SWITZERLAND – The Swiss federal council has rejected demands by the Federal Office for Social Security to re-examine Winterthur’s new second pillar model.

Winterthur, the life insurance subsidiary of Credit Suisse, recently announced plans to reduce its rate at which it converts occupational scheme members’ capital into annuity from 7.2% to 5.835% for males aged 65, and 5.454% for females aged 62. The new model is said to be able to cope better with an ageing population and rising costs.

Such moves would result in pensioners seeing a cut of up to 33% of their pensions say critics (although Winterthur argues that losses would be minimalised to 10%).

Unions have been outraged by Winterthur’s decision – aggravated further by other Swiss insurers jumping on the bandwagon – and had hoped that the model would be re-examined and, therefore, delayed.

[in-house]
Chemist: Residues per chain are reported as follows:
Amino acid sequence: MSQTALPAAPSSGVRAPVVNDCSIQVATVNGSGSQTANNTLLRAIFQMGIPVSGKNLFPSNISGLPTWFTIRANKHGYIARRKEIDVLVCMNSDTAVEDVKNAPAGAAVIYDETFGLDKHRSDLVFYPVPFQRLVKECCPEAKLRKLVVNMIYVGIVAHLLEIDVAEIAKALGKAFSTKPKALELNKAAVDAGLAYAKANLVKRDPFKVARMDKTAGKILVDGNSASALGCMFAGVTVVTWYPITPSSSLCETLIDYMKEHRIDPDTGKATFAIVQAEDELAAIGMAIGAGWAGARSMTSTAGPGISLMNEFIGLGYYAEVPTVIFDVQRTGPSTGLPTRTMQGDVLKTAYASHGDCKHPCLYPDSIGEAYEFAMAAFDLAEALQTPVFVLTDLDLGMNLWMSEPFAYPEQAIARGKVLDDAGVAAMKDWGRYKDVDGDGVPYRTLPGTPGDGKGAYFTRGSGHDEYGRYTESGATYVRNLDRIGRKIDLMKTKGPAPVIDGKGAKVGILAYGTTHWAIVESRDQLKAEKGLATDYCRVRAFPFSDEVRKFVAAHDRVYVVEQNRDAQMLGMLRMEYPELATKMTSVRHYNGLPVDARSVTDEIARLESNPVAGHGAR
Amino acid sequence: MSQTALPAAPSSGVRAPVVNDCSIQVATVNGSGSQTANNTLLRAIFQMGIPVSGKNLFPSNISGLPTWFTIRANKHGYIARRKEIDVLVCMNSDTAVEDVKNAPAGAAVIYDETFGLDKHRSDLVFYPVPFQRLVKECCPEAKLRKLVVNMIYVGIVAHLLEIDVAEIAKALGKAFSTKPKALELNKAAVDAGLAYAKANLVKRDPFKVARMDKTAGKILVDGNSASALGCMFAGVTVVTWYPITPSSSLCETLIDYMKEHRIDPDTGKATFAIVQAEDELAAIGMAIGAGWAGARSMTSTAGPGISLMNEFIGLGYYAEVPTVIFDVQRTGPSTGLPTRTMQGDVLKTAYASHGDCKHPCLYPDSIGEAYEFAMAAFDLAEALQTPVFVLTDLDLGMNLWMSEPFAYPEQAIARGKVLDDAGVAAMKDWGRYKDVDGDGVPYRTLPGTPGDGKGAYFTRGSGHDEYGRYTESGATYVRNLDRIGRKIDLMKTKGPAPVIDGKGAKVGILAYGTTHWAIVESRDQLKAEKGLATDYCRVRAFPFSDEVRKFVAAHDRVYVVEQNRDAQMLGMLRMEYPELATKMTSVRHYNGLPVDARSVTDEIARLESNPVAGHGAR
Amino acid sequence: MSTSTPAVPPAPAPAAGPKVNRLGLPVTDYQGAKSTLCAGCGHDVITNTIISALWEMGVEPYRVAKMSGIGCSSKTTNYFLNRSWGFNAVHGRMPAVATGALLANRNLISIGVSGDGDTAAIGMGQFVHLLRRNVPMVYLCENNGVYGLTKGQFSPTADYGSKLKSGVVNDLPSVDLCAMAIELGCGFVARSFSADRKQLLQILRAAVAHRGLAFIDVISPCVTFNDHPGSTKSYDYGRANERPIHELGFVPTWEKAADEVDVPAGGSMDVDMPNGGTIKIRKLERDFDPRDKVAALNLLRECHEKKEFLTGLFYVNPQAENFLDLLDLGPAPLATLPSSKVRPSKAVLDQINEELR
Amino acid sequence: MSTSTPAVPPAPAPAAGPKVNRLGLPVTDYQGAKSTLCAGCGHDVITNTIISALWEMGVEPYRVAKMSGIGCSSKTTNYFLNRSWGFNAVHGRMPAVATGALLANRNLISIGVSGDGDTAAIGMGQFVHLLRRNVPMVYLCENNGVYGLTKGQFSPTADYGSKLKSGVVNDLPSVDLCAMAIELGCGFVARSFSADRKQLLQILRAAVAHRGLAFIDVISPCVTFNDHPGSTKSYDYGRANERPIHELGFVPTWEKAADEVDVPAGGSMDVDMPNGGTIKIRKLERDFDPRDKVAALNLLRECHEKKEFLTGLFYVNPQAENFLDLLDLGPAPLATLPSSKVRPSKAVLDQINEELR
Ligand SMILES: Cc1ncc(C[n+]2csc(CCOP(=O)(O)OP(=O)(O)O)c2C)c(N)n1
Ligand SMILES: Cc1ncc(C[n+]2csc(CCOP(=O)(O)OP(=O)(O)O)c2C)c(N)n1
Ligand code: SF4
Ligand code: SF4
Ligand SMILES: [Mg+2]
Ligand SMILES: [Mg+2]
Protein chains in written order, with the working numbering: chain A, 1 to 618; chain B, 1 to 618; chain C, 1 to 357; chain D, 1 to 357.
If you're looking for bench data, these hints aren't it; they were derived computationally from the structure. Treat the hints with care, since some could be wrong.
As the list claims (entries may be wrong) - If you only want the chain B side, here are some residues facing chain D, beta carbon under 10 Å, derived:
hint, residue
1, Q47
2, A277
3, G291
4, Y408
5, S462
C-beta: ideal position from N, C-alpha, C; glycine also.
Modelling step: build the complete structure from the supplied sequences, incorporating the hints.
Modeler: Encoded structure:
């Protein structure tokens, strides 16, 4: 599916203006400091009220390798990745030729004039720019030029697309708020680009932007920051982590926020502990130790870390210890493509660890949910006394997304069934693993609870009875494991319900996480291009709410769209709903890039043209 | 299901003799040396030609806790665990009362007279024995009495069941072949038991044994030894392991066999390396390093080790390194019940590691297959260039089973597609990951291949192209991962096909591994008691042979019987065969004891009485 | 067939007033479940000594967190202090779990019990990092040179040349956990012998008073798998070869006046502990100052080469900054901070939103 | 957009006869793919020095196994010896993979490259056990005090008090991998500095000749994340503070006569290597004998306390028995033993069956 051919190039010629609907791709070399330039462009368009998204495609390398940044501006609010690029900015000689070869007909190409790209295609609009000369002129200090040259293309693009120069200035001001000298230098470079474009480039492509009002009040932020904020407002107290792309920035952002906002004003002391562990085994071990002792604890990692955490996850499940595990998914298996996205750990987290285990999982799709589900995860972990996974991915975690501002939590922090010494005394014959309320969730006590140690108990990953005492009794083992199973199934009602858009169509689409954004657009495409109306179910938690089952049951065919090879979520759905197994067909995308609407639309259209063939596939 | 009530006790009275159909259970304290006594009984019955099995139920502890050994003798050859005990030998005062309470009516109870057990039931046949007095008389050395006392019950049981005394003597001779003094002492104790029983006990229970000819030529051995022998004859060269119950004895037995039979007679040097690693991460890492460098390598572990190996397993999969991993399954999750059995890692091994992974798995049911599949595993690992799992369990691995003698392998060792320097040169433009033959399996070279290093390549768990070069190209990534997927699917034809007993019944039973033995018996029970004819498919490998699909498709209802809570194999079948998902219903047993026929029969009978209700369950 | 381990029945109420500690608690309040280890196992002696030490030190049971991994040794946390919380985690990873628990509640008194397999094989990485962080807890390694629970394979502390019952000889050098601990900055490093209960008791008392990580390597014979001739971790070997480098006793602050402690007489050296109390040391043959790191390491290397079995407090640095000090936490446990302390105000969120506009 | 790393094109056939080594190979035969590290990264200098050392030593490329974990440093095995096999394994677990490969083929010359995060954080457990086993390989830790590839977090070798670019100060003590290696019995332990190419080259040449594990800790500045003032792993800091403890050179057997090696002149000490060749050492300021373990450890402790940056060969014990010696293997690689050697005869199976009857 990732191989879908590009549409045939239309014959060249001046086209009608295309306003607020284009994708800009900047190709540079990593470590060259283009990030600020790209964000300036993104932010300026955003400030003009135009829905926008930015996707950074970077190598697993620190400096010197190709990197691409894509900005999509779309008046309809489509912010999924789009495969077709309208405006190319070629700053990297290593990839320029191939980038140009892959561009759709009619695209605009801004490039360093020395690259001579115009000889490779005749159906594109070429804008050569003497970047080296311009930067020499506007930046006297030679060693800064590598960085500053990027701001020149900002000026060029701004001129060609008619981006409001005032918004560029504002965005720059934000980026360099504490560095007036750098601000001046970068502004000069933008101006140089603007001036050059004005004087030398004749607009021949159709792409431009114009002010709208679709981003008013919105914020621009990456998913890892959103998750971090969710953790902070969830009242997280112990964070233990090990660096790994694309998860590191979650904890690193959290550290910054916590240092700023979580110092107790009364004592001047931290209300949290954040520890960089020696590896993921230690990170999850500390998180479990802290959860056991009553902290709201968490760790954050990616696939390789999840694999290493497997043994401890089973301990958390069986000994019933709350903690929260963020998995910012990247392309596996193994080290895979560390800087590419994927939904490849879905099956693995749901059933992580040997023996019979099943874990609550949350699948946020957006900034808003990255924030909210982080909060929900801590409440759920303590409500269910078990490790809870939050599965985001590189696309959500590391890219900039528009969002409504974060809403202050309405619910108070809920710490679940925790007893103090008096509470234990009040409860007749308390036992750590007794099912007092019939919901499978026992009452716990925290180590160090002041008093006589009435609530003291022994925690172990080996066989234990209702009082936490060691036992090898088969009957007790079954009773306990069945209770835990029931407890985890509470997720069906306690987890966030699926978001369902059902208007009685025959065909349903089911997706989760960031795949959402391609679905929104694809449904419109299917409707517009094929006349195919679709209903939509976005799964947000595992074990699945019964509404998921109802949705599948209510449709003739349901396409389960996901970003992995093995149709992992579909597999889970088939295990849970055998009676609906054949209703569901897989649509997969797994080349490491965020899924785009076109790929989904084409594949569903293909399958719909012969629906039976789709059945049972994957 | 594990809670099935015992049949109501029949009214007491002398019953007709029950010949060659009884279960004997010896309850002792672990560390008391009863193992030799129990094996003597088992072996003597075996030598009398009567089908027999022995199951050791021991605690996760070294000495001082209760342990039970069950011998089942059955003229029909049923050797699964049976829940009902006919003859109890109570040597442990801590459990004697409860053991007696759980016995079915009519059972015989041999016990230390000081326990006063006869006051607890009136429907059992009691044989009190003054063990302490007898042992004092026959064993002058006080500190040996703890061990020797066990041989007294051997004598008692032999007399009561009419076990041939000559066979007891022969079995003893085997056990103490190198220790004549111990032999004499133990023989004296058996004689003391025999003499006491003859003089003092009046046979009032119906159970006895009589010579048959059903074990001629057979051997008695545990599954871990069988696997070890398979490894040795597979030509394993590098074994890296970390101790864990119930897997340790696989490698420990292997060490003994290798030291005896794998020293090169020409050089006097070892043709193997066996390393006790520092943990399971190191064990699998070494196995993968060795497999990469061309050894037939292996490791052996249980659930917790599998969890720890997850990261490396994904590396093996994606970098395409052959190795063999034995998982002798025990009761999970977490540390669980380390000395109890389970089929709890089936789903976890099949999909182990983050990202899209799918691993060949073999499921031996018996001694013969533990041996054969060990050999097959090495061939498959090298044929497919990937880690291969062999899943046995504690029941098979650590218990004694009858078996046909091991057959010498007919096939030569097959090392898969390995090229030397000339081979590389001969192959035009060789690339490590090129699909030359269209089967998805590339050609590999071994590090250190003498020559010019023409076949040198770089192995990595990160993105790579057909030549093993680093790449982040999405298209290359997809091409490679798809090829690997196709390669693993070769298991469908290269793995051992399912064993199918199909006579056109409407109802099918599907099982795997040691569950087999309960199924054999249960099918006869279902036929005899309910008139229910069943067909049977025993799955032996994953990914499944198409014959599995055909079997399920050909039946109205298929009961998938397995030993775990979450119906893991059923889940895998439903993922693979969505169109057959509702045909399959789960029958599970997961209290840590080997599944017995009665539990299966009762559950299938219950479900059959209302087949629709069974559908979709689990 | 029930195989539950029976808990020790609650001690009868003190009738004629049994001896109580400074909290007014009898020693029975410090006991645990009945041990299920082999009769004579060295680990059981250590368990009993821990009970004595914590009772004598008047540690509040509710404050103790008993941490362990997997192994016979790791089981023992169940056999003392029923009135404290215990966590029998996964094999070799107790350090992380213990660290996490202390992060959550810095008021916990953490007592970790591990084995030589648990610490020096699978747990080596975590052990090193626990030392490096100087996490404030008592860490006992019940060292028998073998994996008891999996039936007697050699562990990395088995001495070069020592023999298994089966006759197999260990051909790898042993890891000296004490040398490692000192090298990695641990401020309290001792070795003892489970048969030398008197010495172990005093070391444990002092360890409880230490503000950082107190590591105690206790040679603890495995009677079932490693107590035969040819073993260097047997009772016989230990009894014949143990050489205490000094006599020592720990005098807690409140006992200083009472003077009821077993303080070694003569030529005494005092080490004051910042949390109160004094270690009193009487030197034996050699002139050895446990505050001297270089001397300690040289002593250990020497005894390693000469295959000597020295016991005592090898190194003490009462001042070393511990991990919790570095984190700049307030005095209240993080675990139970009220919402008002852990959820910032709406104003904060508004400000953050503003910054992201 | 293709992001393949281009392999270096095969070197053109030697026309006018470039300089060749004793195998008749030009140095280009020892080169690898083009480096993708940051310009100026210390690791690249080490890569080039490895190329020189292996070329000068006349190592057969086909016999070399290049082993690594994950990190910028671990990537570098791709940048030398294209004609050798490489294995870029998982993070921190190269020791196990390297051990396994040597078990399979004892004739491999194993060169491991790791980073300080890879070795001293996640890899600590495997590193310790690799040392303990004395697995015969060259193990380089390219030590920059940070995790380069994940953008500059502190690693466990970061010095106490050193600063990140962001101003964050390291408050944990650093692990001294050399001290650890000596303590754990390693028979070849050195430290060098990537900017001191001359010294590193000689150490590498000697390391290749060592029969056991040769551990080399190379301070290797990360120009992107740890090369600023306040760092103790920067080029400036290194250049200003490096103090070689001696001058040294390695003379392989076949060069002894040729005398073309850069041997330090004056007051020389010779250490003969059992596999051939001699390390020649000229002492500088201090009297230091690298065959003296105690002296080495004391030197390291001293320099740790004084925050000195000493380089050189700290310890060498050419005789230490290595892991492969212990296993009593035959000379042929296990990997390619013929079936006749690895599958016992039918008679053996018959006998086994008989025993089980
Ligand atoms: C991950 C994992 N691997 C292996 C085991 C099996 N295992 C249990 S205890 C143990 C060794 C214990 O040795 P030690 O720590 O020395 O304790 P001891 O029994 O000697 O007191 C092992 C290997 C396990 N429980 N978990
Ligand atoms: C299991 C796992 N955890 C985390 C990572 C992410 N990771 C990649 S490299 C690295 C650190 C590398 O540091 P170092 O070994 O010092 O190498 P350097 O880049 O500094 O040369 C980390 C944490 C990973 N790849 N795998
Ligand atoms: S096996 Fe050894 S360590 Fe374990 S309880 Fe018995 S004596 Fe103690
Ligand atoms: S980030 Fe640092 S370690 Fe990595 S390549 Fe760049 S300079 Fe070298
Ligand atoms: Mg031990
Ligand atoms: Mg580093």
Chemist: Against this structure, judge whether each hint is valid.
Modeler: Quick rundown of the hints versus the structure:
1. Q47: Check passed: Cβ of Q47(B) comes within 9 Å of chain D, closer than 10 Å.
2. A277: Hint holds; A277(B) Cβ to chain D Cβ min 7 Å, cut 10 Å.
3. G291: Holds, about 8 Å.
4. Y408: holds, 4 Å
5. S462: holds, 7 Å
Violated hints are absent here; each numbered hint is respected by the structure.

The rejection by the Swiss federal council comes as a blow to the unions.

There is one chance remaining, however. In July, the Schutzgemeinschaft fuer KMU (the association of the protection of small and medium-sized enterprises) complained to the Federal appeals commission for the supervision of private insurance.

The association hopes the commission will delay the introduction of the lower conversion rates and higher tariffs to January 2005 rather than January 2004. The commission has yet to reach a decision.